The Sunday Book Review: Dance With Me
Posted by Lisa Lickel on April 15, 2012
Welcome Teena Stewart, guest reviewer, today.
Dance With Me, by Luanne Rice
Bantam Books, Dec 2008
$7.50, mass market
Buy on Amazon
The story centers around a mom and two grown, unmarried daughters in Twin Rivers Rhode Island. With the mom, Margaret’s health failing, the youngest, Sylvie, has moved into her mother’s home to take care of her. Concerns about Margaret’s fragile health bring the older sister Jane back for a visit. As the story unfolds we learn that Jane has a secret. She became pregnant as a teen in college and at her mother’s insistence and against her will gave up her infant daughter, Chloe, for adaption. The heart-wrenching decision left deep scars and Jane has never been the same. It destroyed the happy future she planned with her fiancé and caused her to drop out of college and purse a path as a baker instead of a gifted English major.
While visiting her mother Jane becomes obsessed with finding Chloe and because it was a private adoption her mother helped arrange, she knows who the family was who adopted her and they are local. Things become a tangled mess as Jane pursues this strong need to learn more about what happened to her daughter. What she hadn’t expected was to fall in love with Dylan, Chloe’s Uncle, a tough, retired U.S. Marshal who has suffered through his own heartaches and is now trying to get the family orchard back up and running.
Luanne Rice is a superb secular writer, and unlike some authors who cause we to question how they made it to the New York times best-selling list, I agree that this book deserves to be there. The characters are very real and the struggles–Margaret trying to come to grips with her failing health and memory and Jane coping with the deep hurts that being torn from a daughter she wanted to keep–make it all the more compelling. There is a sensitivity to Rice’s work that gets into issues that run deep and allows readers to feel the pain the main characters are experiencing. Not many writers can take you to that level.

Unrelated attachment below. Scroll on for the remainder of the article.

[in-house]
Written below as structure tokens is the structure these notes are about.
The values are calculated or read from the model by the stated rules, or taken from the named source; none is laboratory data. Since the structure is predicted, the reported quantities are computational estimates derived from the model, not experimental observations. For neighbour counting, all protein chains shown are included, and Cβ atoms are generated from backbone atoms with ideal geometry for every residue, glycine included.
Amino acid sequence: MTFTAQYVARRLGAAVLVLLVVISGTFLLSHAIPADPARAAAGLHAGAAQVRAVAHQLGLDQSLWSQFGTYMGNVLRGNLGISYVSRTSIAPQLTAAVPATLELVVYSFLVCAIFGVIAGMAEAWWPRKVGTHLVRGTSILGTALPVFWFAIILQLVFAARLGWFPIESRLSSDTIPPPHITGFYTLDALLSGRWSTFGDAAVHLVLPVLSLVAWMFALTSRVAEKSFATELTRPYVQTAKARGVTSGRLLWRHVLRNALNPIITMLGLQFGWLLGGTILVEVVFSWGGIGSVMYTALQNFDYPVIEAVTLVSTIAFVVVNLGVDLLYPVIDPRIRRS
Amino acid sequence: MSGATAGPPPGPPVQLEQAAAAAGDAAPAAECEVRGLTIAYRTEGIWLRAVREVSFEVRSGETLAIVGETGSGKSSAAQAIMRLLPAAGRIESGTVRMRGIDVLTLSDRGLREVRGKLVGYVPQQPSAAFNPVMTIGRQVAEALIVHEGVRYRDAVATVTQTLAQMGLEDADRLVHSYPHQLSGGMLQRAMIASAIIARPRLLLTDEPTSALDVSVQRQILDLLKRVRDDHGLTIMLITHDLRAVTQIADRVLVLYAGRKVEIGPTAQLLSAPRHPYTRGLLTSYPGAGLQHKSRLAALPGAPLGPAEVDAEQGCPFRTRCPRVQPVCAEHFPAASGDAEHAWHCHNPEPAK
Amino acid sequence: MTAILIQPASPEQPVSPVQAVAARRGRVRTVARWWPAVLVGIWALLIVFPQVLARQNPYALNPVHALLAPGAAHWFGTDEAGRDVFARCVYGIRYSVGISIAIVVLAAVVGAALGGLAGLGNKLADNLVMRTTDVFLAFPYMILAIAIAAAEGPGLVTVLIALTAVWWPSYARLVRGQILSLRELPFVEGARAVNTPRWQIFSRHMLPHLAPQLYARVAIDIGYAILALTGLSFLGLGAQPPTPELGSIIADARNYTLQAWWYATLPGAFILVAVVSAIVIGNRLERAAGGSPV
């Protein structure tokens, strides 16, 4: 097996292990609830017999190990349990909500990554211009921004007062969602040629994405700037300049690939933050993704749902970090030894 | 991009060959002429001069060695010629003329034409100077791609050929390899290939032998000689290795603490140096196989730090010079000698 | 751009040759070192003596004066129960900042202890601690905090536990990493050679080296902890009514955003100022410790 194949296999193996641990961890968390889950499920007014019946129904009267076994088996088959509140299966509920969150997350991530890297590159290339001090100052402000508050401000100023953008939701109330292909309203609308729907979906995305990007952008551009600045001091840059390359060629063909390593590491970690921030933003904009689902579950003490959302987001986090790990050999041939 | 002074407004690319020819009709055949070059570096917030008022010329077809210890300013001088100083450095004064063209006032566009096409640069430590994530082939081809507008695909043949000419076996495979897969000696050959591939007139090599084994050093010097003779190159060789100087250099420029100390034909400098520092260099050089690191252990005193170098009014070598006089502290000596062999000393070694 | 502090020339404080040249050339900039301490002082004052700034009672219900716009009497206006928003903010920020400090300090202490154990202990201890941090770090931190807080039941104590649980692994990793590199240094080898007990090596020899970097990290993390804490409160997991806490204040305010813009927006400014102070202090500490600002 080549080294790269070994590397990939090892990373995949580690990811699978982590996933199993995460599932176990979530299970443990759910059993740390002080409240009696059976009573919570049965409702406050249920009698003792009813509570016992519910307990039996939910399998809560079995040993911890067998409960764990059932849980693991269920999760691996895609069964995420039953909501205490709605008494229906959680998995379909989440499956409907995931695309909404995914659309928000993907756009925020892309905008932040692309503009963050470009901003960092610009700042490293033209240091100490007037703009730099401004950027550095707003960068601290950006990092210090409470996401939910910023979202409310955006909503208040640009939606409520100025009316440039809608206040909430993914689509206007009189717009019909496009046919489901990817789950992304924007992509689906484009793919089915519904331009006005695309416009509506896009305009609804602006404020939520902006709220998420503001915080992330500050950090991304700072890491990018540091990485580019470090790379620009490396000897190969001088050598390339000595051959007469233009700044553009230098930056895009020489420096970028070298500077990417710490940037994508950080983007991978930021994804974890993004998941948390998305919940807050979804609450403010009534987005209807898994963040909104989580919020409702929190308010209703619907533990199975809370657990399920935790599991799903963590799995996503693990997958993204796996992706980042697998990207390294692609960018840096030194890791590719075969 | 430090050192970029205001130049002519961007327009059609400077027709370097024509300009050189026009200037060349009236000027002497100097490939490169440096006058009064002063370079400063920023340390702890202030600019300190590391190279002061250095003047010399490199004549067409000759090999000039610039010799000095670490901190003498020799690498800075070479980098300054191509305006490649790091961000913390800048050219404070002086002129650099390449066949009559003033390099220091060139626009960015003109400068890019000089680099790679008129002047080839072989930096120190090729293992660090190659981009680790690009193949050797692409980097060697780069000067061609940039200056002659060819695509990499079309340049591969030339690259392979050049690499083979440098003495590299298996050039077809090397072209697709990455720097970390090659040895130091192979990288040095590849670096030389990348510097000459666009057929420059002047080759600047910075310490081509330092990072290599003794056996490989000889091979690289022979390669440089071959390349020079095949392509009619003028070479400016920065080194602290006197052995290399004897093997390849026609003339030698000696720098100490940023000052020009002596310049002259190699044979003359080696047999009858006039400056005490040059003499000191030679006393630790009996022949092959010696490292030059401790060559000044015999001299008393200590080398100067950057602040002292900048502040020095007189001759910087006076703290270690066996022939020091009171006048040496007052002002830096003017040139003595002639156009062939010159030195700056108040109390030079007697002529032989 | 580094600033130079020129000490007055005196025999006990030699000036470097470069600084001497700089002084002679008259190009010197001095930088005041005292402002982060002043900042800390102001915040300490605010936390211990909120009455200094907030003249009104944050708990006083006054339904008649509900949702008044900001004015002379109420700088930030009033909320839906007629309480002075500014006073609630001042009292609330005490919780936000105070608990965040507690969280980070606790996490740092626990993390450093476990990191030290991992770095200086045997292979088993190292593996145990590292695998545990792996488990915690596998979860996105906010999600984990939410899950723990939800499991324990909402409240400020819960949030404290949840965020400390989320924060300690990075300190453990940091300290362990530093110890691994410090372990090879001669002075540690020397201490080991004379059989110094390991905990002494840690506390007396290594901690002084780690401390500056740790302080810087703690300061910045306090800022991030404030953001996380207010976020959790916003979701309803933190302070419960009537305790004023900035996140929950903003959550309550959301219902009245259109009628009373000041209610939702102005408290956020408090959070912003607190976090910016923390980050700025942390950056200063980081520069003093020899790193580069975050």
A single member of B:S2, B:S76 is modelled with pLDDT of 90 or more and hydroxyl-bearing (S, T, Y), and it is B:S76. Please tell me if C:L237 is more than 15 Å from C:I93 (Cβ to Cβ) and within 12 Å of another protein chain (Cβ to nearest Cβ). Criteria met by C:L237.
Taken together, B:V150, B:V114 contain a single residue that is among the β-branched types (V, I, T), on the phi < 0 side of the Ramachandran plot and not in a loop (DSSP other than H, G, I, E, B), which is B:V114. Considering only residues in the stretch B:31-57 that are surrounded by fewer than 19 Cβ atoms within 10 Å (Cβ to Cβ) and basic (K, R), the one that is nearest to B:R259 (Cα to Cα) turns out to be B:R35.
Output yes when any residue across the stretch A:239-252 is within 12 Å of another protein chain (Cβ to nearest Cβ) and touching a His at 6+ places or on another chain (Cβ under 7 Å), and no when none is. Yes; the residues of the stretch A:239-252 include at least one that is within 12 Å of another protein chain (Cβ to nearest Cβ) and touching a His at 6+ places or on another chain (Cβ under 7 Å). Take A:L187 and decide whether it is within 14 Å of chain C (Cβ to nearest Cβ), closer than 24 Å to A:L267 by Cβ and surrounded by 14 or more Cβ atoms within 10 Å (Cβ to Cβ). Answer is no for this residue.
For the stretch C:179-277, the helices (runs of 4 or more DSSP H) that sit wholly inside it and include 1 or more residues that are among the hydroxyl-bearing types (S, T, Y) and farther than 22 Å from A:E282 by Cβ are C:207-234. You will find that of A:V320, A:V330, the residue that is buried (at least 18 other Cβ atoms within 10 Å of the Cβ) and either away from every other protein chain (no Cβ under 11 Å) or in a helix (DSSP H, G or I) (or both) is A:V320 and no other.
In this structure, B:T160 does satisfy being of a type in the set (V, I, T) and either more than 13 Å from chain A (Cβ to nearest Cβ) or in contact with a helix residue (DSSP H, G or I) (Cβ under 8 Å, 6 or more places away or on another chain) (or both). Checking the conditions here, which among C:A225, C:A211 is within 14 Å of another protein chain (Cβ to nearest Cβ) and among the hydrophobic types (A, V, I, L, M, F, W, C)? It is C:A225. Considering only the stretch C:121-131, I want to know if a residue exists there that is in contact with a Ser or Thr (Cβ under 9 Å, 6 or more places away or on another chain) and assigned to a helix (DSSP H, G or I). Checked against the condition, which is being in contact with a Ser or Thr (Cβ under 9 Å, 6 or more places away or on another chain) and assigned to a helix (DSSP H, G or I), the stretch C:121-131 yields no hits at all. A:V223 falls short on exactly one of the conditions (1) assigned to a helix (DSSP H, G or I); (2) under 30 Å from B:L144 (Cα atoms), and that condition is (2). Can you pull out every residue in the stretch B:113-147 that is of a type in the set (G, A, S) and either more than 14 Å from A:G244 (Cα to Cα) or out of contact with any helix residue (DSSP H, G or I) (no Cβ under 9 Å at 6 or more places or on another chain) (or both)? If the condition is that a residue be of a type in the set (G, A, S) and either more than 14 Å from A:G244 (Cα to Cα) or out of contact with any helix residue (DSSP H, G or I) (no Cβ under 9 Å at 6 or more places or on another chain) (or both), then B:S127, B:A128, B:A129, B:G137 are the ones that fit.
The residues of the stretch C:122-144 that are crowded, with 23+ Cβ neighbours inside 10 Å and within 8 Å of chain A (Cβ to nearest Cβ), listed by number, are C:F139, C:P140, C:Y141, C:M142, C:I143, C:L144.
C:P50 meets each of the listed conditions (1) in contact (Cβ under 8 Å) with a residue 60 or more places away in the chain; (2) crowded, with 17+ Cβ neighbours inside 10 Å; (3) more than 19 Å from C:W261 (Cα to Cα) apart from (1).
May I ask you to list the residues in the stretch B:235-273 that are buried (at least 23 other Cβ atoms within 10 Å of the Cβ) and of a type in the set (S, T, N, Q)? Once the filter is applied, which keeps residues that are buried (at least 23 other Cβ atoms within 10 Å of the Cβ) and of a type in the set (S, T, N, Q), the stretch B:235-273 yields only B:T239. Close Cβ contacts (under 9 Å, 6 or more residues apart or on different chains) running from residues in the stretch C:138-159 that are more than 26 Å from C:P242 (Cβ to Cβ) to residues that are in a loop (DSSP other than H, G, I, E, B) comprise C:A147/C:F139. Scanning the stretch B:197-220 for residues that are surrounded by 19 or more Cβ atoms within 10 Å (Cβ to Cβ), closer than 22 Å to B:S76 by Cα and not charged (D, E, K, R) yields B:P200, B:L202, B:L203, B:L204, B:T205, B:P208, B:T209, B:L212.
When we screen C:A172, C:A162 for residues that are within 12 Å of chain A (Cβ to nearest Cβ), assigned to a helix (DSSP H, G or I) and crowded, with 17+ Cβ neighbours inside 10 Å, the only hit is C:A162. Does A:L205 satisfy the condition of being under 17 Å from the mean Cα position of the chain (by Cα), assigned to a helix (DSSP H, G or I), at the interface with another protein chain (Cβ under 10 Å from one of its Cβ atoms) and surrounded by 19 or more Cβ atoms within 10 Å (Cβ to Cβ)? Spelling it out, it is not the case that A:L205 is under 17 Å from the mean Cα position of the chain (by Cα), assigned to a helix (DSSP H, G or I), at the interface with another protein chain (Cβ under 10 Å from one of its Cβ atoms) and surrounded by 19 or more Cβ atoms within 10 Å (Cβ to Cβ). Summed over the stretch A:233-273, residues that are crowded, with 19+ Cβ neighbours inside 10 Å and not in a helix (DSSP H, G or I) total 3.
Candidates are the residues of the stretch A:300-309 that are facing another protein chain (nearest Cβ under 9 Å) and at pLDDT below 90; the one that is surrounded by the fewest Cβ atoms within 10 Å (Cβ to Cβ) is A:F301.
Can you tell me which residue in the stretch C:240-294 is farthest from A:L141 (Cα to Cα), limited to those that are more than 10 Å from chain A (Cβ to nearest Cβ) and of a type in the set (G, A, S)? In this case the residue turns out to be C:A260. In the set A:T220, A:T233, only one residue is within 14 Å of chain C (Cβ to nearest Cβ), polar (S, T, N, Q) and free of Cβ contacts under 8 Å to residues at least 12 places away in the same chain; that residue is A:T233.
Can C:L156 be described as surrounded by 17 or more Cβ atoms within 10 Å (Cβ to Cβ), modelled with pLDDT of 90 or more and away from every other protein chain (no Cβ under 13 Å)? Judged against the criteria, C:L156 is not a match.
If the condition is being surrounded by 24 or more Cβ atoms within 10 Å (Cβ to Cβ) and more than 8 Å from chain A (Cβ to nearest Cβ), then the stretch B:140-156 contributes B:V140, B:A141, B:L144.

Fifteen-year-old Chloe is vibrant and compassionate and she endears herself to her reader becoming a very real teen facing real issues that a young girl who longs to know her real birth mom can face.
♦♦♦♦♦ I give this book five reflections.
Teena M. Stewart
The Treasure Seeker: Finding Love & Value in the Arms of Your Loving Heavenly Father (Wine Press)
Benevolence: Ministering to the Poor and Needy (Beacon Hill)
Successful Small Groups from Concept to Practice (Beacon Hill)
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